Cellar spider webs.

Cellar spiders make unsophisticated and unusual webs for a spider. 

Like black widow spiders, they wait for their prey while hanging upside down. When prey is detected, cellar spiders vibrate their webs with their bodies, and this helps further entangle any insects caught in it. 

When cellar spider bite, they inject a toxic venom (though it cannot harm a human) that is legendarily thought to be the most potent venom in the spider kingdom. This legend has yet to be scientifically proven.

Cellar spiders in Arkansas do not repair, clean, or remake their webs. Instead, they build additional layers on existing webs. This habit may save them time and energy, but in your home or barn, it quickly makes the web of a cellar spider conspicuous.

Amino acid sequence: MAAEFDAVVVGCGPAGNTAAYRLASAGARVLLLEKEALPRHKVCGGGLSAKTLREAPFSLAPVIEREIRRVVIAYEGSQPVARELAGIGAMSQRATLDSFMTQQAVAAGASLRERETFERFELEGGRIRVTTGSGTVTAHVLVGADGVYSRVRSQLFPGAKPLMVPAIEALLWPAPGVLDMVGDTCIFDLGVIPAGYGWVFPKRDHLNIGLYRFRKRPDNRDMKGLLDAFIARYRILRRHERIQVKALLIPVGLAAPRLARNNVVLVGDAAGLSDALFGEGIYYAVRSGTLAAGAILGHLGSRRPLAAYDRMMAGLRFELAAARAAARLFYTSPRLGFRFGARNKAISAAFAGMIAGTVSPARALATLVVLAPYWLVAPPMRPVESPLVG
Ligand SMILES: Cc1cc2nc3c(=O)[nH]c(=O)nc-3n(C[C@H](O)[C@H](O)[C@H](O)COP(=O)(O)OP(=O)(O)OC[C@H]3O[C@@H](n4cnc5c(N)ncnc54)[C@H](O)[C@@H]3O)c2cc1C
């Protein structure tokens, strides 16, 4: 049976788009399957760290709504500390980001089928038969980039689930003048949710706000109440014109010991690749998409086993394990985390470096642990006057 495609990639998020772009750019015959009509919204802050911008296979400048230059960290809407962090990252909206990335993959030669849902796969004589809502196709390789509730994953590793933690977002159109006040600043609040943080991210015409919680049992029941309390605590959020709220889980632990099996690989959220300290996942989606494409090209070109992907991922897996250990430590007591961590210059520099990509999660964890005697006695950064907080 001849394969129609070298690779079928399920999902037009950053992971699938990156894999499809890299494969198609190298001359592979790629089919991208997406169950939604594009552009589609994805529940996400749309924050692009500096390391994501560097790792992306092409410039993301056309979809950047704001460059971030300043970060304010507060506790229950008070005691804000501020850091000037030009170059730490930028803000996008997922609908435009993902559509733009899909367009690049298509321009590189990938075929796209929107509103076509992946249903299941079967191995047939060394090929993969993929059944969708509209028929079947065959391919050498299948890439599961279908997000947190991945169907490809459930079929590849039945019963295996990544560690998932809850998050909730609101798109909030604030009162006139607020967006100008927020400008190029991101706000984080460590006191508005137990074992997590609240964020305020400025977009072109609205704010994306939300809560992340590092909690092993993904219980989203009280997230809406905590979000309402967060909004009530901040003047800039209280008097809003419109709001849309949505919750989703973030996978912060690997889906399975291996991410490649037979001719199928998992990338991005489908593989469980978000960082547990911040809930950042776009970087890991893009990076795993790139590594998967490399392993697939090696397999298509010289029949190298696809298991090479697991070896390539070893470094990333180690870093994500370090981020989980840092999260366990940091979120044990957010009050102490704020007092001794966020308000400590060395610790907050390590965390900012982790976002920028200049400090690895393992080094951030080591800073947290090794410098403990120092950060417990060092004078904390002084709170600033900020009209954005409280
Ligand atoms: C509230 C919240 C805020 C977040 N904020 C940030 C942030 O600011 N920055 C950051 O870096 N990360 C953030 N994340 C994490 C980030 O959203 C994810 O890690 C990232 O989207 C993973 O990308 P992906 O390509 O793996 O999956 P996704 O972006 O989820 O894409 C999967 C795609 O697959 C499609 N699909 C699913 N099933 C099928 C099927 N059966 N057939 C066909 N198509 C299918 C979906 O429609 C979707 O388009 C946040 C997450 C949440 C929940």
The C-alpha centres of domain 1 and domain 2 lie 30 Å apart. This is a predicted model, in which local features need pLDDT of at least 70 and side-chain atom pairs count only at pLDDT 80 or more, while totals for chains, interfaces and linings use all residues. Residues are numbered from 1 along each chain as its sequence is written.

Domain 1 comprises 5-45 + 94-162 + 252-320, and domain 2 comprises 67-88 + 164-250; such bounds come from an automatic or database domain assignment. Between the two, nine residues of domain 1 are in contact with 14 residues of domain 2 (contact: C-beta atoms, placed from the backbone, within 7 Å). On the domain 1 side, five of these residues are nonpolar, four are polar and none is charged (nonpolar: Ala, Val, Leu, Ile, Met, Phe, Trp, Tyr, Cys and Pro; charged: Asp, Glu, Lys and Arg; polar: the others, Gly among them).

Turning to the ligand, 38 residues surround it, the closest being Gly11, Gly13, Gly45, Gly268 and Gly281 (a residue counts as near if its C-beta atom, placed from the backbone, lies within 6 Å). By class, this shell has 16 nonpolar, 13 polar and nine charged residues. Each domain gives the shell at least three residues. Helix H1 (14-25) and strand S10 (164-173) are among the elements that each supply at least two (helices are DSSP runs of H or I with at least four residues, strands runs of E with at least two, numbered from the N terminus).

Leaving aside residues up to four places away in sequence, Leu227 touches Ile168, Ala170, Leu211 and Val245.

bold jumping spiders in Arkansas
Bold jumping spider. Photo credit: Shutterstock.com/Safwan Rozi

Bold jumping spiders in Arkansas.

Bold Jumping spiders (Phidippus audax) are a member of the genus Phidippus. Notable features include their big eyes and iridescent chelicerae. All jumping spiders employ stereoscopic vision for hunting prey and communicating with potential partners during mating rituals.

Native to North America yet found in Hawaii, the Nicobar Islands, the Azores, and The Netherlands; these black arachnids are identifiable by the white triangle on their abdomen.

Bold Jumping Spiders in Arkansas are solitary hunters that rely on their impressive eyesight to track, capture and devour a range of arthropods, including caterpillars, dragonflies, and grasshoppers. It is common in agricultural areas and has also been studied to ascertain its influence on crop pest numbers. In contrast with most spiders constructing webs for prey-catching purposes, bold jumping actively hunts down their victims!